In the wake of the House passage of the U.S.-Peru Trade Promotion Agreement (TPA), the Council of the Americas recently brought together hemispheric leaders on Capitol Hill to discuss the future of interregional trade relations with a focus on the United States and Colombia.
Speakers for “Partnering with Colombia” included:
- Ambassador John Veroneau, Deputy United Trade Representative, Office of the United States Trade Representative
- H.E. Luis Guillermo Plata, Minister of Trade, Republic of Colombia
Council of the Americas regularly holds forums on Capitol Hill to advocate for better hemispheric policy by engaging Congressional leaders and their staff.
Colombia plays an integral role in hemispheric security and stability, and has enjoyed a decades-long partnership with the United States. However, U.S.-Colombian relations reached a crossroads in 2007, with the U.S. Congress holding the key to unlock the future direction of the alliance. Plan Colombia, a bipartisan U.S.-backed security initiative that transformed Colombia into a stable democracy, faces uncertainty as Congress debates levels of funding as well as a shift from security and military support to economic and social aid. Meanwhile, the strongest catalyst for U.S. economic support to Colombia—the pending trade agreement between the two countries—has stalled over concerns of Colombia’s perceived impunity for violations against labor and human rights leaders.
Colombia has experienced an economic surge and rising security under the leadership of President Álvaro Uribe, as Minister Plata explained to the audience. He described the decrease in violent crime and economic upswing as the “Uribe effect.”The Colombian economy has experienced growth in annual GDP and record foreign direct investment while annual inflation rates steadily decrease since Uribe arrived in office. Minister Plata views the “Uribe effect” as being responsible for Colombia’s increase in exports and foreign direct investment which doubled between 2003 and 2006 and he credited many of these gains to the increased appeal of a more secure and stable Colombia. Plata highlighted Colombia’s expanding global presence as Colombia expands trade relations within the hemisphere and beyond which serves as a testament to Colombia’s commitment to emerge as a regional leader in the global economy. View Minister Plata’s presentation.
Following the minister’s remarks, Ambassador Veroneau emphasized the Bush administration’s push for approval of the U.S.-Colombia agreement and that the pact will see a vote in 2008. Although Veroneau stated that the deal merits congressional consideration based on economic benefits alone, such as increases in jobs and better market access, he also highlighted the political and regional importance of the agreement and the impact a failed agreement will have on U.S. interests in the hemisphere. Refusal to support the agreement will convey the wrong message to partners in the region and hurt U.S. credibility. Veroneau asked Congress to closely examine the stakes and be mindful of the importance of the agreement.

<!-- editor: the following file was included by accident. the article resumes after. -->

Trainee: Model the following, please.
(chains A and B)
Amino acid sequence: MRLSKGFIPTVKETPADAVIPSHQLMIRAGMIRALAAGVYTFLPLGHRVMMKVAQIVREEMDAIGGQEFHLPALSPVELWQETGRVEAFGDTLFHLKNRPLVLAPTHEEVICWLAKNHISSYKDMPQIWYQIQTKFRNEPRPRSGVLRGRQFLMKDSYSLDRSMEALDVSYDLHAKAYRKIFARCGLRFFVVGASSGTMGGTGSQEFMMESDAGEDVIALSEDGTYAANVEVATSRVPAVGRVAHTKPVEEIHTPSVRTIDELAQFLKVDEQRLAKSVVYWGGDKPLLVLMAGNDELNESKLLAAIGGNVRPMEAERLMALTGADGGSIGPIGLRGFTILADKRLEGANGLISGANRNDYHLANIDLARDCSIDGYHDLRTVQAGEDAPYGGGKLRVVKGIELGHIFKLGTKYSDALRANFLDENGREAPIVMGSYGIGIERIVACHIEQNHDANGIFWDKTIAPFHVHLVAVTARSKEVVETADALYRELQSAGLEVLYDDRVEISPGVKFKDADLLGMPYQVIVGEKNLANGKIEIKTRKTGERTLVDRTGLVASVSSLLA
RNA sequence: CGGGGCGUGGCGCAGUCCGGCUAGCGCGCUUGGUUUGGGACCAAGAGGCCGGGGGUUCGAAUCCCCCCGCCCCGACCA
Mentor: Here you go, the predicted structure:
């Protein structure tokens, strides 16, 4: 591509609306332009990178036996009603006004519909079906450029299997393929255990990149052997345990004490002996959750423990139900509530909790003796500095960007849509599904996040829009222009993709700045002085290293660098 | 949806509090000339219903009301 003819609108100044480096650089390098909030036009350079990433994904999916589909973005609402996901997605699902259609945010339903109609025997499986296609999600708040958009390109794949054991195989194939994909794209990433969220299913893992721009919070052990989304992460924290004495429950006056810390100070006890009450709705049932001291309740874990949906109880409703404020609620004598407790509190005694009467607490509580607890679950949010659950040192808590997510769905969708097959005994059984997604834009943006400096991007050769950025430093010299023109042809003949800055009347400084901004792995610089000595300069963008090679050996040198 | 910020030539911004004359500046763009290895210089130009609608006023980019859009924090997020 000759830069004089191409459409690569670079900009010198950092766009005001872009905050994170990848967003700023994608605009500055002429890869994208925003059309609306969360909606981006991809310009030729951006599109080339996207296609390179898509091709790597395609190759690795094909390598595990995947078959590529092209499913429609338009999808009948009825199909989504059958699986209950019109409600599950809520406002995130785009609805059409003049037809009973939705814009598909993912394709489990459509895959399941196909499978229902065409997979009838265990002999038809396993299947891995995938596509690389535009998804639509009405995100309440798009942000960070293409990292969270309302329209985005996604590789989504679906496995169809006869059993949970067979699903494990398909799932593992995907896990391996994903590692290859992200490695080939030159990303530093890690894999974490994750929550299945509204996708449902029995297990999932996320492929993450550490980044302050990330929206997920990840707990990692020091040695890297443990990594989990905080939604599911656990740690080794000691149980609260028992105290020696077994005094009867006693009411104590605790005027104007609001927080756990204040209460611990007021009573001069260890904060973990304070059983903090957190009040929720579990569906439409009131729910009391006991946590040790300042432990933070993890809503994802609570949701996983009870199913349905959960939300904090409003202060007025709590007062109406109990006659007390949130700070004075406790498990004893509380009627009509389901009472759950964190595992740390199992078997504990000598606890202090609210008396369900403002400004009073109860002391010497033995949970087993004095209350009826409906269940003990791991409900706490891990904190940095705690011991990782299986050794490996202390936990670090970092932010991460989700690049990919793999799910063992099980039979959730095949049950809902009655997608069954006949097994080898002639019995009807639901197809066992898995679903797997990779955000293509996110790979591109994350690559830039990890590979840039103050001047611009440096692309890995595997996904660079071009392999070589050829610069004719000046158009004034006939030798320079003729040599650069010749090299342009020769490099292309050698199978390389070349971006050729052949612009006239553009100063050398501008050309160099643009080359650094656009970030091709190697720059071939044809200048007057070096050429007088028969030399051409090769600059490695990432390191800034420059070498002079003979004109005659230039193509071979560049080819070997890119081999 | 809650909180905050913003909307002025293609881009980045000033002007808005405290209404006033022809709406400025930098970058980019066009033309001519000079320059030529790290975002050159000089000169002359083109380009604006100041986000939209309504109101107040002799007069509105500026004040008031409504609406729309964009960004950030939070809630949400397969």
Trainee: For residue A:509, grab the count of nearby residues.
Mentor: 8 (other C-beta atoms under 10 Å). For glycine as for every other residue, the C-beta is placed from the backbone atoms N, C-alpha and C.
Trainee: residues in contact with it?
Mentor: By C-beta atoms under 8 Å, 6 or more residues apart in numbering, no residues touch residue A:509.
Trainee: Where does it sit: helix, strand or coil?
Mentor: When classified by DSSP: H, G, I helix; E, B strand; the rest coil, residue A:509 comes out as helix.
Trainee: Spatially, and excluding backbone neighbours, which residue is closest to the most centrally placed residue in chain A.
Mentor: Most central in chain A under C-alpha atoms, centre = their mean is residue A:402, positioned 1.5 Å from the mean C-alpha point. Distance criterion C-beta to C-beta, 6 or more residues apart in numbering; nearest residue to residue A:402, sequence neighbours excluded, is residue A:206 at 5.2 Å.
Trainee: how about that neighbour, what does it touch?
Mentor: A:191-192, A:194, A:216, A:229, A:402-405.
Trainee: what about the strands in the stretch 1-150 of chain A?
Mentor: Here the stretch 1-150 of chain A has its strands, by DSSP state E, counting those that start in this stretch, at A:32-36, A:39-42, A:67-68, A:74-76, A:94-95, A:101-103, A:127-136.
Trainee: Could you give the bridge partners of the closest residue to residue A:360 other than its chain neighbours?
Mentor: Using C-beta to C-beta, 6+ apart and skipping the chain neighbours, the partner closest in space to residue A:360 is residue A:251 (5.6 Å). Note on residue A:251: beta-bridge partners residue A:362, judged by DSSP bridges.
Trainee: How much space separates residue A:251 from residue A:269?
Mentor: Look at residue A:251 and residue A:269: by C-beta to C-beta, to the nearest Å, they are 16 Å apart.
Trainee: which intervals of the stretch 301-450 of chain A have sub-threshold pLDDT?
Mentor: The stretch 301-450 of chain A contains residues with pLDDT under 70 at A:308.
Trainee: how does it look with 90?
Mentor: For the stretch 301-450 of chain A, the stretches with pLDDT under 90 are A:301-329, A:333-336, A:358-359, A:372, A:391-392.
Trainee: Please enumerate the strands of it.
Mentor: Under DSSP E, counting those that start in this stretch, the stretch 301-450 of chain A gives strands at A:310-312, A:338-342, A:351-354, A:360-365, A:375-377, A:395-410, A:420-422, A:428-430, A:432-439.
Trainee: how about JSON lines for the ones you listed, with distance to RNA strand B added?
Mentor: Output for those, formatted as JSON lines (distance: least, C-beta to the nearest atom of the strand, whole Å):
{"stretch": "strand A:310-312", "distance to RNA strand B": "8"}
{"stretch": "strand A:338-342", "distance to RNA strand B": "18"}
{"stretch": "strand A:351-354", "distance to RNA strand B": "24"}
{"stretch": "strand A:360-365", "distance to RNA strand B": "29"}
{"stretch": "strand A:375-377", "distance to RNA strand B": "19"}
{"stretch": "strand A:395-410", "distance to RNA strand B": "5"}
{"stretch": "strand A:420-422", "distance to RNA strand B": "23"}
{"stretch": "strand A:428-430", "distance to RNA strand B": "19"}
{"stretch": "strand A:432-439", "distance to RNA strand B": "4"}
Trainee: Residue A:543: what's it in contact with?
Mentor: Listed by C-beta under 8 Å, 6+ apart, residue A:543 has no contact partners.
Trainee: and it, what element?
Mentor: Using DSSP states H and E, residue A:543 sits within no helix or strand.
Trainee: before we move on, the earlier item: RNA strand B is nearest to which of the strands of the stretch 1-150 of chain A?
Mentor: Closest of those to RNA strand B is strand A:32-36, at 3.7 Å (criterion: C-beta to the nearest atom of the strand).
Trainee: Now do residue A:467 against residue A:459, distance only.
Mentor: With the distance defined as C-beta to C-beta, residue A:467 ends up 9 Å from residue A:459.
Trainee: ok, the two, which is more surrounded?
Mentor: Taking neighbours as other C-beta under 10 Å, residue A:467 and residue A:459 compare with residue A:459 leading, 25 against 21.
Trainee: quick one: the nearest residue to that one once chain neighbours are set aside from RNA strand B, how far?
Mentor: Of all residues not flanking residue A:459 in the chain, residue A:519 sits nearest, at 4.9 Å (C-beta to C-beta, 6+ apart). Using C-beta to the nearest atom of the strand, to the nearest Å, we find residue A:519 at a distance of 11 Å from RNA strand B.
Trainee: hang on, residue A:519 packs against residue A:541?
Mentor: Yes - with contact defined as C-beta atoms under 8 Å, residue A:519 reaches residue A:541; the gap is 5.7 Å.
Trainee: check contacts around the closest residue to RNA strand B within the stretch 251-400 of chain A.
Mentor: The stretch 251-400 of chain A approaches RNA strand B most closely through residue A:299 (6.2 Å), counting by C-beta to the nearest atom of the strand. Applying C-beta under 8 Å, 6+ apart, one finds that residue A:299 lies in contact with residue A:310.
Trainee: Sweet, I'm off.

Outlook for the Colombia Trade Promotion Agreement
Although the U.S.-Peru TPA passed the U.S. House of Representatives and U.S. Senate with strong majorities,the future of agreements with Panama and Colombia remains unclear. Even as the administration continues its campaign for passage of the trade agreement with Colombia, the U.S. Congress has so far not indicated a willingness to take it up.
Under President Uribe, Colombia has advanced numerous reforms and evidence of success can be seen. Between 2000 and 2006, Colombia experienced a 50 percent decline in its murder rate, a 90 percent reduction in kidnappings, and a 60 percent decrease in terrorist activities. Accordingly, Colombia seeks to consolidate this success with aggressive judicial prosecution of those responsible for violent crimes, including acts against union and labor leaders, with stronger enforcement of justice and peace laws and increased security protection for union leaders. Colombia provided security protection for over 1,600 union members in 2006—up from only 89 in 1999.
Economically, Colombia has advanced its own trade agenda by negotiating free-trade agreements within the hemisphere, such as the ongoing negotiations with Canada and outside the hemisphere, most notably the European Union. Colombia is at the forefront of Latin American countries looking to open its economy for investment and growth and Colombia remains eager to work with most partners, whether it is the United States or other global partners.